‘I started feeling more and more handicapped at university’

Lily at the Drift in the centre of the city

Despite her long workday, Lily wheels into the Public Library in Almere full of liveliness. Back when she was a student of Artificial Intelligence (AI) at Utrecht University, she liked to come here to study. She moves to the lift and pushes the button. “In most lifts at the university, the buttons were at eye level, which meant I often couldn’t reach them.” And as opposed to this library, the university buildings often weren’t wheelchair-friendly enough, and Lily was forced to quit her studies.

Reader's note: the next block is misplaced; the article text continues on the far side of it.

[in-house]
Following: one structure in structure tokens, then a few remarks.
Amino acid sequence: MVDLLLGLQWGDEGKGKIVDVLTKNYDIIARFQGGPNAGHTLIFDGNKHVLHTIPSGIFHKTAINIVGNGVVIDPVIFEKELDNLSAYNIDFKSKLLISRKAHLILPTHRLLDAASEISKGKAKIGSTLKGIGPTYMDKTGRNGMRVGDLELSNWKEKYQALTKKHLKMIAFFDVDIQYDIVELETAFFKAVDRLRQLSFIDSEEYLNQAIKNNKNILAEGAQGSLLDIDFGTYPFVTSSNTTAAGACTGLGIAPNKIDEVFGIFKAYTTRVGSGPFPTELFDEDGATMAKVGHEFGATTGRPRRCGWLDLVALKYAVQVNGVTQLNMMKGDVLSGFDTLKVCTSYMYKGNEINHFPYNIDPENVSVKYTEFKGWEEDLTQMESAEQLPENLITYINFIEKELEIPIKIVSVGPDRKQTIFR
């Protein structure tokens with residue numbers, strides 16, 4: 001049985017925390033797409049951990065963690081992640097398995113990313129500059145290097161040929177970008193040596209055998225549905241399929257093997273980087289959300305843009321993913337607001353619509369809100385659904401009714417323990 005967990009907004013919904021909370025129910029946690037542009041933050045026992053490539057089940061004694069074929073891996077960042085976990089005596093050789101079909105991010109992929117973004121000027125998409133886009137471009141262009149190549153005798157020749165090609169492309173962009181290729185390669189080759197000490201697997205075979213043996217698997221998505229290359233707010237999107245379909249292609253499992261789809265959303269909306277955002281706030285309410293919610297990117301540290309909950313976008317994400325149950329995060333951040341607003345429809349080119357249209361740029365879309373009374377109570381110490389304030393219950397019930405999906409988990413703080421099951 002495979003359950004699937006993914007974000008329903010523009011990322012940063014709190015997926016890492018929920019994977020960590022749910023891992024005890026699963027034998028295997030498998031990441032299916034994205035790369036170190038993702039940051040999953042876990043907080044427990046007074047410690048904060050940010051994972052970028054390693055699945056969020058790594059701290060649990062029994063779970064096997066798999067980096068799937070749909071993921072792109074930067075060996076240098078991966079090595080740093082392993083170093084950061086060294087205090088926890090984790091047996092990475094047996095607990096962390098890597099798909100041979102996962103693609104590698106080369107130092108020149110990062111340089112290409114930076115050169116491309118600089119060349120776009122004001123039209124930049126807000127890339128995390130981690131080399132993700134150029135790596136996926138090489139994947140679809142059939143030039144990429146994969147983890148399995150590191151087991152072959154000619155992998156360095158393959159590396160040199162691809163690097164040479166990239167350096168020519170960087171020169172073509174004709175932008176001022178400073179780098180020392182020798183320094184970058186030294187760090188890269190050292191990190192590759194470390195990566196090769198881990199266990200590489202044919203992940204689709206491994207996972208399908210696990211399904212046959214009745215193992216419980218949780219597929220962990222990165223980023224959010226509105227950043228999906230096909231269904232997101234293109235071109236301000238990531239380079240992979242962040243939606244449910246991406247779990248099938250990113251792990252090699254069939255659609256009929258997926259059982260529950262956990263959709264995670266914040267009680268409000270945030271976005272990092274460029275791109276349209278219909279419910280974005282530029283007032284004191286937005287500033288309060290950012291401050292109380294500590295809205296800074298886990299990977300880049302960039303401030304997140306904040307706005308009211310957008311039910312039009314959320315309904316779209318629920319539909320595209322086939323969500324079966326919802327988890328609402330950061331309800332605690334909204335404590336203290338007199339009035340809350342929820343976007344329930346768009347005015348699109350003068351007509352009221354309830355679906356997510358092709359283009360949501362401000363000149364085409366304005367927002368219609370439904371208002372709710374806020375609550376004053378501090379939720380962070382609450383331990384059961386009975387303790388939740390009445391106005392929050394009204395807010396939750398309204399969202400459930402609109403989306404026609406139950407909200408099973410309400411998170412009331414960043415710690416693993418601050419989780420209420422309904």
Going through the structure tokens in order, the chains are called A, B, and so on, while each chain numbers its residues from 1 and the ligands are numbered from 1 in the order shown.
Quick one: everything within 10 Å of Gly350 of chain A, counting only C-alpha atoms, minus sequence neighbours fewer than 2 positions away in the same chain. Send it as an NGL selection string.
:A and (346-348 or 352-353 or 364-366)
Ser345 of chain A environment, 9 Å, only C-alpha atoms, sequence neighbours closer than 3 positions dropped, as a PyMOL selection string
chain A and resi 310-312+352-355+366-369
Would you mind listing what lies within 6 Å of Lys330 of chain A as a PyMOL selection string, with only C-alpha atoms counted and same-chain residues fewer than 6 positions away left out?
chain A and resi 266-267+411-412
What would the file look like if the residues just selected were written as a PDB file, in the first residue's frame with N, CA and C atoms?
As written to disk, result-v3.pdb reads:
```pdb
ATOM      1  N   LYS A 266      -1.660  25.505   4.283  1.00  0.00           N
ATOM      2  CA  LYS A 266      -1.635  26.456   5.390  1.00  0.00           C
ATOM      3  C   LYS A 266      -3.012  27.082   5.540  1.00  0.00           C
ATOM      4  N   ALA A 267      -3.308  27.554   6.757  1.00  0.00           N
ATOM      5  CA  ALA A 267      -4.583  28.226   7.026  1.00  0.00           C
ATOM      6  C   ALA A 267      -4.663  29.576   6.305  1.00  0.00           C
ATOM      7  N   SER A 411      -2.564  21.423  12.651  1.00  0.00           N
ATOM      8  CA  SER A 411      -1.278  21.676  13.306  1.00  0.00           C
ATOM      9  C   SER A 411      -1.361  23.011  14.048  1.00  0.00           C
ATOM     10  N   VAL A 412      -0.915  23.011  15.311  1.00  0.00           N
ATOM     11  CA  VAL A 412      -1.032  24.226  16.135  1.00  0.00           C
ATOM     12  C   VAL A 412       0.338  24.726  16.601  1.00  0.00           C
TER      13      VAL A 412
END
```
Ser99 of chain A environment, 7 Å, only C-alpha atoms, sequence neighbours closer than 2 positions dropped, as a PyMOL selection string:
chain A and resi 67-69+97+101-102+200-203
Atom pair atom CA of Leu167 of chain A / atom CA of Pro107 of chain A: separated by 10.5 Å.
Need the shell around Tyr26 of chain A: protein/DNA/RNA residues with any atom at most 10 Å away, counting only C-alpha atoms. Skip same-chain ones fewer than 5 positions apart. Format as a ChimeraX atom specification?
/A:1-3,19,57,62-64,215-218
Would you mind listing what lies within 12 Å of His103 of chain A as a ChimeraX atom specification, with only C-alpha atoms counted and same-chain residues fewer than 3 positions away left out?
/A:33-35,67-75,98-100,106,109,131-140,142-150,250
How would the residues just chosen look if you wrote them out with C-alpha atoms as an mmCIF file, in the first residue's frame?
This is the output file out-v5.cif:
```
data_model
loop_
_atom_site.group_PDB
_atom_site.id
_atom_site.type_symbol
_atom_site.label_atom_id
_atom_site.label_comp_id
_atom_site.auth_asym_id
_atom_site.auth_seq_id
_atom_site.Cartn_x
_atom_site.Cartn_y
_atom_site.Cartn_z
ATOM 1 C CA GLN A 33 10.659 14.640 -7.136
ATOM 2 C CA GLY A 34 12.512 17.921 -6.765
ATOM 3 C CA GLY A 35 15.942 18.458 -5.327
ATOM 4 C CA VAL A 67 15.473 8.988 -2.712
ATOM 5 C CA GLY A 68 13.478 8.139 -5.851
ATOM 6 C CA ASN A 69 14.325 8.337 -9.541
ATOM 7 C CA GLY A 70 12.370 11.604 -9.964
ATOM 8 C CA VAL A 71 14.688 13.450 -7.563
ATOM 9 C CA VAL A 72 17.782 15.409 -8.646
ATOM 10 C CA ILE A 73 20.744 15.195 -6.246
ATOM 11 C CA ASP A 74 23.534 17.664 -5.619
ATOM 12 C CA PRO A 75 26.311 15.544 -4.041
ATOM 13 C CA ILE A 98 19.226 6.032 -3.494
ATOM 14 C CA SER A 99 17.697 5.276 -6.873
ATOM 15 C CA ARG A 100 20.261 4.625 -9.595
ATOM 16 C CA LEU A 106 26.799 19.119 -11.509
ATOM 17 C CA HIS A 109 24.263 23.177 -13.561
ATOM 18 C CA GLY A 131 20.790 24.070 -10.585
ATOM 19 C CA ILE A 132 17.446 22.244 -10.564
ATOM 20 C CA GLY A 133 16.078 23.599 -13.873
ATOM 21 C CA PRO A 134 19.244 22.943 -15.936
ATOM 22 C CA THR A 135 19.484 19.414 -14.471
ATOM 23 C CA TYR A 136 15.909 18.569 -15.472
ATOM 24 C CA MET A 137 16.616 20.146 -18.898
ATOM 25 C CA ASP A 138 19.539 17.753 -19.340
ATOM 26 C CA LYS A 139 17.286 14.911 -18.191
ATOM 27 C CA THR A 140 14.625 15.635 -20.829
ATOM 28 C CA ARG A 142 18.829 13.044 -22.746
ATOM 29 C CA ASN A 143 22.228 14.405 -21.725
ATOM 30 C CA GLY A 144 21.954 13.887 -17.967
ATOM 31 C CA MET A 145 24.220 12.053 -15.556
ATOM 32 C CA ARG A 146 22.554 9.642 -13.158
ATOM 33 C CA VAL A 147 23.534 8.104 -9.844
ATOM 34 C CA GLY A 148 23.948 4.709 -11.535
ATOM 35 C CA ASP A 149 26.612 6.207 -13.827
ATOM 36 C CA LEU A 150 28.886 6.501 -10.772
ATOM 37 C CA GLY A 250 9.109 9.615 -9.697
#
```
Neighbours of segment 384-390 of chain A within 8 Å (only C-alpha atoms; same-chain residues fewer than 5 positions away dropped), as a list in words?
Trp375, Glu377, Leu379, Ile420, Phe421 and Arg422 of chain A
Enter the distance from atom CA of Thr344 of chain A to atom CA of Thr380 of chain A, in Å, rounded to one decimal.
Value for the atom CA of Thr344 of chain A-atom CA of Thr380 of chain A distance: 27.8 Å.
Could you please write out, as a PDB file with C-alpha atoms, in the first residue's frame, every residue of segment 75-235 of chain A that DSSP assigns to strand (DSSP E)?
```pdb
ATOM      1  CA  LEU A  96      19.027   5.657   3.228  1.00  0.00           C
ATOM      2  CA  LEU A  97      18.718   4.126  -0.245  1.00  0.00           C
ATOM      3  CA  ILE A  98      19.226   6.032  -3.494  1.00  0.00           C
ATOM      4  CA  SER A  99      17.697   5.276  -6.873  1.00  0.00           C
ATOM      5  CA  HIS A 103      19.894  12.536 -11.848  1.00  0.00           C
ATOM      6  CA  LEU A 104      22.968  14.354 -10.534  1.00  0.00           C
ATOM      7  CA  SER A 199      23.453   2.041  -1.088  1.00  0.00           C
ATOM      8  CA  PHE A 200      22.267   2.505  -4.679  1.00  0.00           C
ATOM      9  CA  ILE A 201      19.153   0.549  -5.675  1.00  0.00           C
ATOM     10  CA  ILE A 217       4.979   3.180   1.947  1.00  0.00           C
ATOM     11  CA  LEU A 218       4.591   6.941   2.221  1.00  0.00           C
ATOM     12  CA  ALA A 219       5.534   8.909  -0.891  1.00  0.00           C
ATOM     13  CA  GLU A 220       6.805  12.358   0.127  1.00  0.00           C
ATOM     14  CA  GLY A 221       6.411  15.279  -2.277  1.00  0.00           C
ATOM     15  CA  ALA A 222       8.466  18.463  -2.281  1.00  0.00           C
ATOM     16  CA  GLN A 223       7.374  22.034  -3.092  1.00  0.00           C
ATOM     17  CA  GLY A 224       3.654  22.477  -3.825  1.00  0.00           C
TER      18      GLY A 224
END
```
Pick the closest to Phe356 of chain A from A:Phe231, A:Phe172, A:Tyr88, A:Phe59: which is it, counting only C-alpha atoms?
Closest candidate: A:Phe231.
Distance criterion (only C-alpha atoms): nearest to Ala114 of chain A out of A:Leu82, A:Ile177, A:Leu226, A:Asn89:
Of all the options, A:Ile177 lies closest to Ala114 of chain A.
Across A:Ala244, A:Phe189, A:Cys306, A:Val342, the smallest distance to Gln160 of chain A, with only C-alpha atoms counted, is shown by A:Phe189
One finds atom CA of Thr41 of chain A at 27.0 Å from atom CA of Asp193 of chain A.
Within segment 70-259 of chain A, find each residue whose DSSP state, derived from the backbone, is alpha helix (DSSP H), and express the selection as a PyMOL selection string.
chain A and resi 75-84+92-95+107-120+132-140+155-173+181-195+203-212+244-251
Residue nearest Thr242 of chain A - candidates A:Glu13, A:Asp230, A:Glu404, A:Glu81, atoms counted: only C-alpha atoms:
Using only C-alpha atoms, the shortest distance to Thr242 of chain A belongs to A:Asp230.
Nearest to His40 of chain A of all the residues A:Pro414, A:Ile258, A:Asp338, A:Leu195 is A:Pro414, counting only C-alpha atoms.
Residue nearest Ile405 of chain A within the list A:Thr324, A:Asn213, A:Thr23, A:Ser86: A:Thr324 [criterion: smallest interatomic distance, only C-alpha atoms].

Wheelchair-accessible is not the same as wheelchair-friendly
Lily started her studies in 2017. “I chose AI because I love physics, language, and solving problems. And I’d wanted to learn to programme for a long time.” She quickly encountered numerous problems in her first year. “I immediately knew I wouldn’t be able to meet the ‘bsa norm’ (binding study advice, ed.). My muscle disease means I’ve got limited energy, I get sick often, and my bones break easily. In high school, there was a lot of space for me to take it easy, but the bsa norm could not be adjusted in advance, which caused a lot of stress.” Whereas regular students only have to study for their exams and make the assignments, Lily had to do all that as well as fight a constant battle to be able to participate in the first place. “I had to explain my situation for every single exam, and ask for extra time.”